Harris v. Safeway Stores, Inc.

Annotate this Case

329 A.2d 436 (1974)

Frances N. HARRIS, Appellant, v. SAFEWAY STORES, INC., Appellee.

No. 7977.

District of Columbia Court of Appeals.

Argued September 20, 1974.

Decided December 16, 1974.

Robert B. Kolodney, Jr., Washington, D. C., argued the cause for appellant; Ben Paul Noble and Thomas O. Mann, Washington, D. C., were on the brief for appellant.

William D. Appler, Washington, D. C., with whom Lawrence E. Carr, Jr., Washington, D. C., was on the brief, for appellee. Richard W. Boone, Washington, D. C., also entered an appearance for appellee.

Before REILLY, Chief Judge, and NEBEKER and HARRIS, Associate Judges.

HARRIS, Associate Judge:

This is an appeal from an order granting appellee Safeway Stores' motion for a judgment notwithstanding the verdict after a jury awarded $15,000 in damages to appellant for injuries she allegedly sustained while a customer in one of appellee's stores. While we are obliged to view the evidence in the light most favorable to appellant, we find that the entry of a judgment notwithstanding the verdict was proper and affirm.

Mrs. Harris and her daughter Marilyn were shopping in a Safeway store in Prince George's County, Maryland, one evening when the incident occurred. According to their testimony, Mrs. Harris reached up for a bag of sugar, turned, and fell on her stomach. Both women said that thereafter they noticed what they believed to be wax on the floor where Mrs. Harris fell.[1] Another daughter, Julie, testified that she noticed a substance that looked like wax on the sole of one of her mother's shoes later that evening.[2] The manager testified that the store had an asbestos tile floor, which was mopped and swept daily and waxed periodically as needed. He also testified that the store used liquid wax and stripped off the old wax before applying a new coat.

The trial judge "had serious concern that there was insufficient evidence to permit the case to go to the jury." However, *437 he declined to direct a verdict at the close of all the evidence, and allowed the case to go to the jury so that a reversal on appeal would not necessitate a new trial. See Rawlings v. Robbins, D.C.App., 257 A.2d 486, 488 (1969); Seganish v. District of Columbia Safeway Stores, Inc., 132 U.S. App.D.C. 117, 122, 406 F.2d 653, 658 (1968). After the jury returned a verdict in favor of Mrs. Harris, the trial court granted Safeway's motion for judgment notwithstanding the verdict, stating that there was "insufficient evidence to support the jury verdict."

We agree that the evidence was insufficient. To maintain a successful action in tort, there must be proof of more than the mere happening of a fall causing injury and a description of the surface on which the accident took place. S. Kann's Sons Corp. v. Hayes, D.C.App., 320 A.2d 593, 595 (1974); see Ruffin v. Trans-Lux Theatre, D.C.Mun.App., 156 A.2d 678, 680 (1959).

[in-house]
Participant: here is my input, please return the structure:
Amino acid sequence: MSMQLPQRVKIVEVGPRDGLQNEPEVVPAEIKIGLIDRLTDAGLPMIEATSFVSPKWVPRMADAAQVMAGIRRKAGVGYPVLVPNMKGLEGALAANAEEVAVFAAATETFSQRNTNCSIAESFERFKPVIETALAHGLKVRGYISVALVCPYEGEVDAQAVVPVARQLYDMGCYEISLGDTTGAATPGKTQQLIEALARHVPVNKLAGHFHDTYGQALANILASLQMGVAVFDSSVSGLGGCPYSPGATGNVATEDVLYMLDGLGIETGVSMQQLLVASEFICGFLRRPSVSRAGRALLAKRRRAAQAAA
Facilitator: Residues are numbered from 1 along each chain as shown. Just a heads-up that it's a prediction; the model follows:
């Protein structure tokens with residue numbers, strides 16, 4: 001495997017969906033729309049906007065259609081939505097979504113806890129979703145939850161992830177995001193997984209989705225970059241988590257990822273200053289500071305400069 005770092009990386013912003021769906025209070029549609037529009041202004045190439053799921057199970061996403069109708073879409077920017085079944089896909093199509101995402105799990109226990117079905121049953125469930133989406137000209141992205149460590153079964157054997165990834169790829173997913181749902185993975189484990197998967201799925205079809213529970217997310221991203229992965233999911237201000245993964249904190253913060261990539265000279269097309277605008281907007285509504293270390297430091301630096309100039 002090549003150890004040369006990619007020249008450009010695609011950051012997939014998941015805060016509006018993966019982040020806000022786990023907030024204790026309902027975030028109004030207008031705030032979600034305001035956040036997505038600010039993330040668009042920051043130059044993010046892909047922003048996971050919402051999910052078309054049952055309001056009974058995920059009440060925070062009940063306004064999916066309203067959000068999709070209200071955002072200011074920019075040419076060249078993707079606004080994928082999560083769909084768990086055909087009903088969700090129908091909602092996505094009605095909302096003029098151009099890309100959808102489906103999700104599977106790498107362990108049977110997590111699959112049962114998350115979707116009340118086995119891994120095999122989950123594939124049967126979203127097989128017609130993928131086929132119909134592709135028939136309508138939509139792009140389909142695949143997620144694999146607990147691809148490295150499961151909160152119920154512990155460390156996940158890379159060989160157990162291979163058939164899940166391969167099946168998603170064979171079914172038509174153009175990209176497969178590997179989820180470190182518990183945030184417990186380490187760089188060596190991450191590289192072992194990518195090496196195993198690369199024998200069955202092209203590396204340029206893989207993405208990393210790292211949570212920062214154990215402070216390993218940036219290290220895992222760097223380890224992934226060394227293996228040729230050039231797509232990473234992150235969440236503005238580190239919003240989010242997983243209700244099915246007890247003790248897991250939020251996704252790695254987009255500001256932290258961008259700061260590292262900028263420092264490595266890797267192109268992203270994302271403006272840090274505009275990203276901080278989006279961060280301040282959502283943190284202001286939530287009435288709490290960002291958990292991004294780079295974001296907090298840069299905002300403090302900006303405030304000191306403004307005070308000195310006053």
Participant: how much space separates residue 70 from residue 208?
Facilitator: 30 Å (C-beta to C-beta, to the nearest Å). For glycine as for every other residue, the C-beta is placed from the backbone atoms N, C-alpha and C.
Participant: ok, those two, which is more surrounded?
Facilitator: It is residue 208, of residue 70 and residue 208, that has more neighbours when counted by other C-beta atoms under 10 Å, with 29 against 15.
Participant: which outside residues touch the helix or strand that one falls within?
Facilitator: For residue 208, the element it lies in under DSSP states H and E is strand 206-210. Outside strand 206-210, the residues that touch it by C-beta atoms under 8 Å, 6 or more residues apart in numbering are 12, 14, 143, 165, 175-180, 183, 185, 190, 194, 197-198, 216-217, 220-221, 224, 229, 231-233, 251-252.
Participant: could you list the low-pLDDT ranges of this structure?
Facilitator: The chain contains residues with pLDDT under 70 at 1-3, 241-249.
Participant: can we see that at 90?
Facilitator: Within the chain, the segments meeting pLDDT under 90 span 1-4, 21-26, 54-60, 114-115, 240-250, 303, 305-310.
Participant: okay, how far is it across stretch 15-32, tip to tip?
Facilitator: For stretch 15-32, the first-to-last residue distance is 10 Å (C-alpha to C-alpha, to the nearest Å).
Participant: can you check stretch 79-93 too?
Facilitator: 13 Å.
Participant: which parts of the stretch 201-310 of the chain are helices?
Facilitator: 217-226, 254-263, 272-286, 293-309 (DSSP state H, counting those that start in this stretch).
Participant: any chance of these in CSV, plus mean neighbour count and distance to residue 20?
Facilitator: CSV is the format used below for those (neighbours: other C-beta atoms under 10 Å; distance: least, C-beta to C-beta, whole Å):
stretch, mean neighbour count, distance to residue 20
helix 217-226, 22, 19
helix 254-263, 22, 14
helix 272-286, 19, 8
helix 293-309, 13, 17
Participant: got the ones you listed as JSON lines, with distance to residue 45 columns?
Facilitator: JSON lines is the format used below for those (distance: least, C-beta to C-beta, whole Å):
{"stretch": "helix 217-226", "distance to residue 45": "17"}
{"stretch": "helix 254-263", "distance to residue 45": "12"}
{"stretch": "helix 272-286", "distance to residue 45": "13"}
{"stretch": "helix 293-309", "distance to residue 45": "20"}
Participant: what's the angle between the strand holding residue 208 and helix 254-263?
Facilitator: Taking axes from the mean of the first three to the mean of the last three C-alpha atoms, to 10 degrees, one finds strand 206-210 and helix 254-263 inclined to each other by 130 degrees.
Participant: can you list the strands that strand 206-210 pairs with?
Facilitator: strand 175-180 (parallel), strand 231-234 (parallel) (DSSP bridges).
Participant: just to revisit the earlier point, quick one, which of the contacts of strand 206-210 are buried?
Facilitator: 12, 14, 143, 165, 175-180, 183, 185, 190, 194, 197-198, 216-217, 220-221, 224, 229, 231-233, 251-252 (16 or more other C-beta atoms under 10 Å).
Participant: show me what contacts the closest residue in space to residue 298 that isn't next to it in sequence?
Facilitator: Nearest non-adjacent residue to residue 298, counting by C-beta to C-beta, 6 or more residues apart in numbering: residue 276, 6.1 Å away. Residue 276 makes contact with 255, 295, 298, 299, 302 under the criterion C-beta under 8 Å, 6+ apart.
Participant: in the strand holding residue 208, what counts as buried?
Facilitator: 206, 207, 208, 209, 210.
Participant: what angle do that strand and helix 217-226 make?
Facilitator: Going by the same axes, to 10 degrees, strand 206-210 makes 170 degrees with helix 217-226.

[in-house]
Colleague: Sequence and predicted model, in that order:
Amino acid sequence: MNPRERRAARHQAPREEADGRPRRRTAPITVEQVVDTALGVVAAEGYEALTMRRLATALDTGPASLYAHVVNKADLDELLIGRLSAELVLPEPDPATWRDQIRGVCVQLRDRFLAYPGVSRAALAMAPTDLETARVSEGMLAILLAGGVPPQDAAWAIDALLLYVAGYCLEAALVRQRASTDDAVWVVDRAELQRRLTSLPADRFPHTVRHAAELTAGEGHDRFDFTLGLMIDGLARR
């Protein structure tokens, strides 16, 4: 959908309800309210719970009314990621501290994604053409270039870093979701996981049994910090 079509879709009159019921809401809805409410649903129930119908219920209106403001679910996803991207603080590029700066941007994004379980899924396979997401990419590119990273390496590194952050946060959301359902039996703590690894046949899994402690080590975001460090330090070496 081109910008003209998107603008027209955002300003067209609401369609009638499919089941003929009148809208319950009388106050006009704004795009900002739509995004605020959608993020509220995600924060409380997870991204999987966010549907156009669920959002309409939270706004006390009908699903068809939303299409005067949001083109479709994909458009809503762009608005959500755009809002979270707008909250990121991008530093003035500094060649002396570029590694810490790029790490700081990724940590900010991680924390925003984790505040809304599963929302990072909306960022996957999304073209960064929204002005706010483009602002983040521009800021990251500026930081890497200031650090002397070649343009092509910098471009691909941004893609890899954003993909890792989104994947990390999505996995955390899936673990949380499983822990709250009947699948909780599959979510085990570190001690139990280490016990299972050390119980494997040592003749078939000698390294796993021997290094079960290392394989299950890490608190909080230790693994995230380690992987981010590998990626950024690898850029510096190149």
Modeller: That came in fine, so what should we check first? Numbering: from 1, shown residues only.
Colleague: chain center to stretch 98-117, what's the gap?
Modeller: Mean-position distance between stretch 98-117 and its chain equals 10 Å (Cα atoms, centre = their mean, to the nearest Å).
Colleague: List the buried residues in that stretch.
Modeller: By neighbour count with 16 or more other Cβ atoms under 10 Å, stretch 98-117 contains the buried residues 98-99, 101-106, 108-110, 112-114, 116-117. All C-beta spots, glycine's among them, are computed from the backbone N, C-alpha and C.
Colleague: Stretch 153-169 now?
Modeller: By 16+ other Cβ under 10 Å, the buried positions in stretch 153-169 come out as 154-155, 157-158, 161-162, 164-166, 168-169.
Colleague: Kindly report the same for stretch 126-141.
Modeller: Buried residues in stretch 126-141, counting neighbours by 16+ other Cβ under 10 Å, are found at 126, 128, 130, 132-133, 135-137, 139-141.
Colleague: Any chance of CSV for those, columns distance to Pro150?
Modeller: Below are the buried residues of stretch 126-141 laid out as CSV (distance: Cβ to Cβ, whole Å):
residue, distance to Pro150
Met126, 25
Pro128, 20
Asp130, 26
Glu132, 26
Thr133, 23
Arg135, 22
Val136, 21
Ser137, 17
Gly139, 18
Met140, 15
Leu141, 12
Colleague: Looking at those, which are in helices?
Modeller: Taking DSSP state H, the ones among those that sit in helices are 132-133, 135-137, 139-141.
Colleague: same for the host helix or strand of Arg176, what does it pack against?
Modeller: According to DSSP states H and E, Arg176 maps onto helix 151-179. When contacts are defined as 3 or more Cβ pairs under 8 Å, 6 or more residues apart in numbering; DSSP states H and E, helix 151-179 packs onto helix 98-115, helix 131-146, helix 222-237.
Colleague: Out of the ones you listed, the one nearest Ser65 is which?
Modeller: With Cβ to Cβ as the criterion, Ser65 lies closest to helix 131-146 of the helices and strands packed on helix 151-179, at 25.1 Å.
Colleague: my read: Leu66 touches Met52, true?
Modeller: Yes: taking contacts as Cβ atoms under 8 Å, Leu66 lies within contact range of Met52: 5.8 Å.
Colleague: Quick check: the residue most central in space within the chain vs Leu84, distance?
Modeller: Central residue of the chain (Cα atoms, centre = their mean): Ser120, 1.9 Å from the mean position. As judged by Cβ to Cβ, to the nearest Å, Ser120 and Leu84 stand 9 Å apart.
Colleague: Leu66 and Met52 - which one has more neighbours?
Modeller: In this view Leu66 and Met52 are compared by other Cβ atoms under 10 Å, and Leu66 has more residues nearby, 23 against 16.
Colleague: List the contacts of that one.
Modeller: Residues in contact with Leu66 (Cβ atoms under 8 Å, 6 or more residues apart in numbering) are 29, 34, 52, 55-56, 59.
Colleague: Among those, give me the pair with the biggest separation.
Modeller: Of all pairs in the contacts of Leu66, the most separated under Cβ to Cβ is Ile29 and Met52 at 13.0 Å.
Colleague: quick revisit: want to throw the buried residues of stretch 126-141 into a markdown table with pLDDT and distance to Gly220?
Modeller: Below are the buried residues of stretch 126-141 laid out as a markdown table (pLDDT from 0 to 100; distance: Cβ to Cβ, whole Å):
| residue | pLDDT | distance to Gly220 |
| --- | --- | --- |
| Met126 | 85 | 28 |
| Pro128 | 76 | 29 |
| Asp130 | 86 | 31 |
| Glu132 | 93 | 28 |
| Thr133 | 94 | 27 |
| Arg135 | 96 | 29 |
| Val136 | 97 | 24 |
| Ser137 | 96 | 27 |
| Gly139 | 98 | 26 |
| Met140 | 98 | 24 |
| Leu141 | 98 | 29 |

There was no evidence that Mrs. Harris' fall was caused by any substance on the floor surface, or by a dangerous condition of which the store management had actual or imputed knowledge. See Kincheloe v. Safeway Stores, Inc., D.C.App., 285 A.2d 699, 700-701 (1972). According to her own testimony, Mrs. Harris was not walking when the accident occurred; she reached for a bag of sugar, turned, and fell before taking any steps. There was not even any testimony that she slipped; all she stated was that she fell.[3]

On this record, there is no evidence on the basis of which the jury could have found negligence without speculating. See Kincheloe v. Safeway Stores, Inc., supra at 701. "Speculation is not the province of a jury." Ibid; see Seganish v. District of Columbia Safeway Stores, Inc., supra 132 U.S.App.D.C. at 120-121, 406 F.2d at 656-657. The entry of a judgment notwithstanding the verdict was proper. See Paylor v. Safeway Stores, Inc., D.C.App., 225 A.2d 312, 314 (1967).



[1] Mrs. Harris described it as follows: "It looked like a fine powder or something like that." Marilyn stated: "It looked like hard wax, kind of flaky."

[2] Julie testified: "It was greasy like with a little wax or something."

[3] A portion of her direct testimony was as follows:

Q. Then what did you do from the time you got the bag of sugar?

A. I fell on the floor.

Q. You fell on the floor when?

A. I got the sugar and made a turn, and the next thing I know I am laying on the floor.


Q. How many steps did you take from the time that you turned around until the time that you fell?

A. * * * I don't think I took any. I fell right away. I got the sugar and made a turn, and that is where I fell.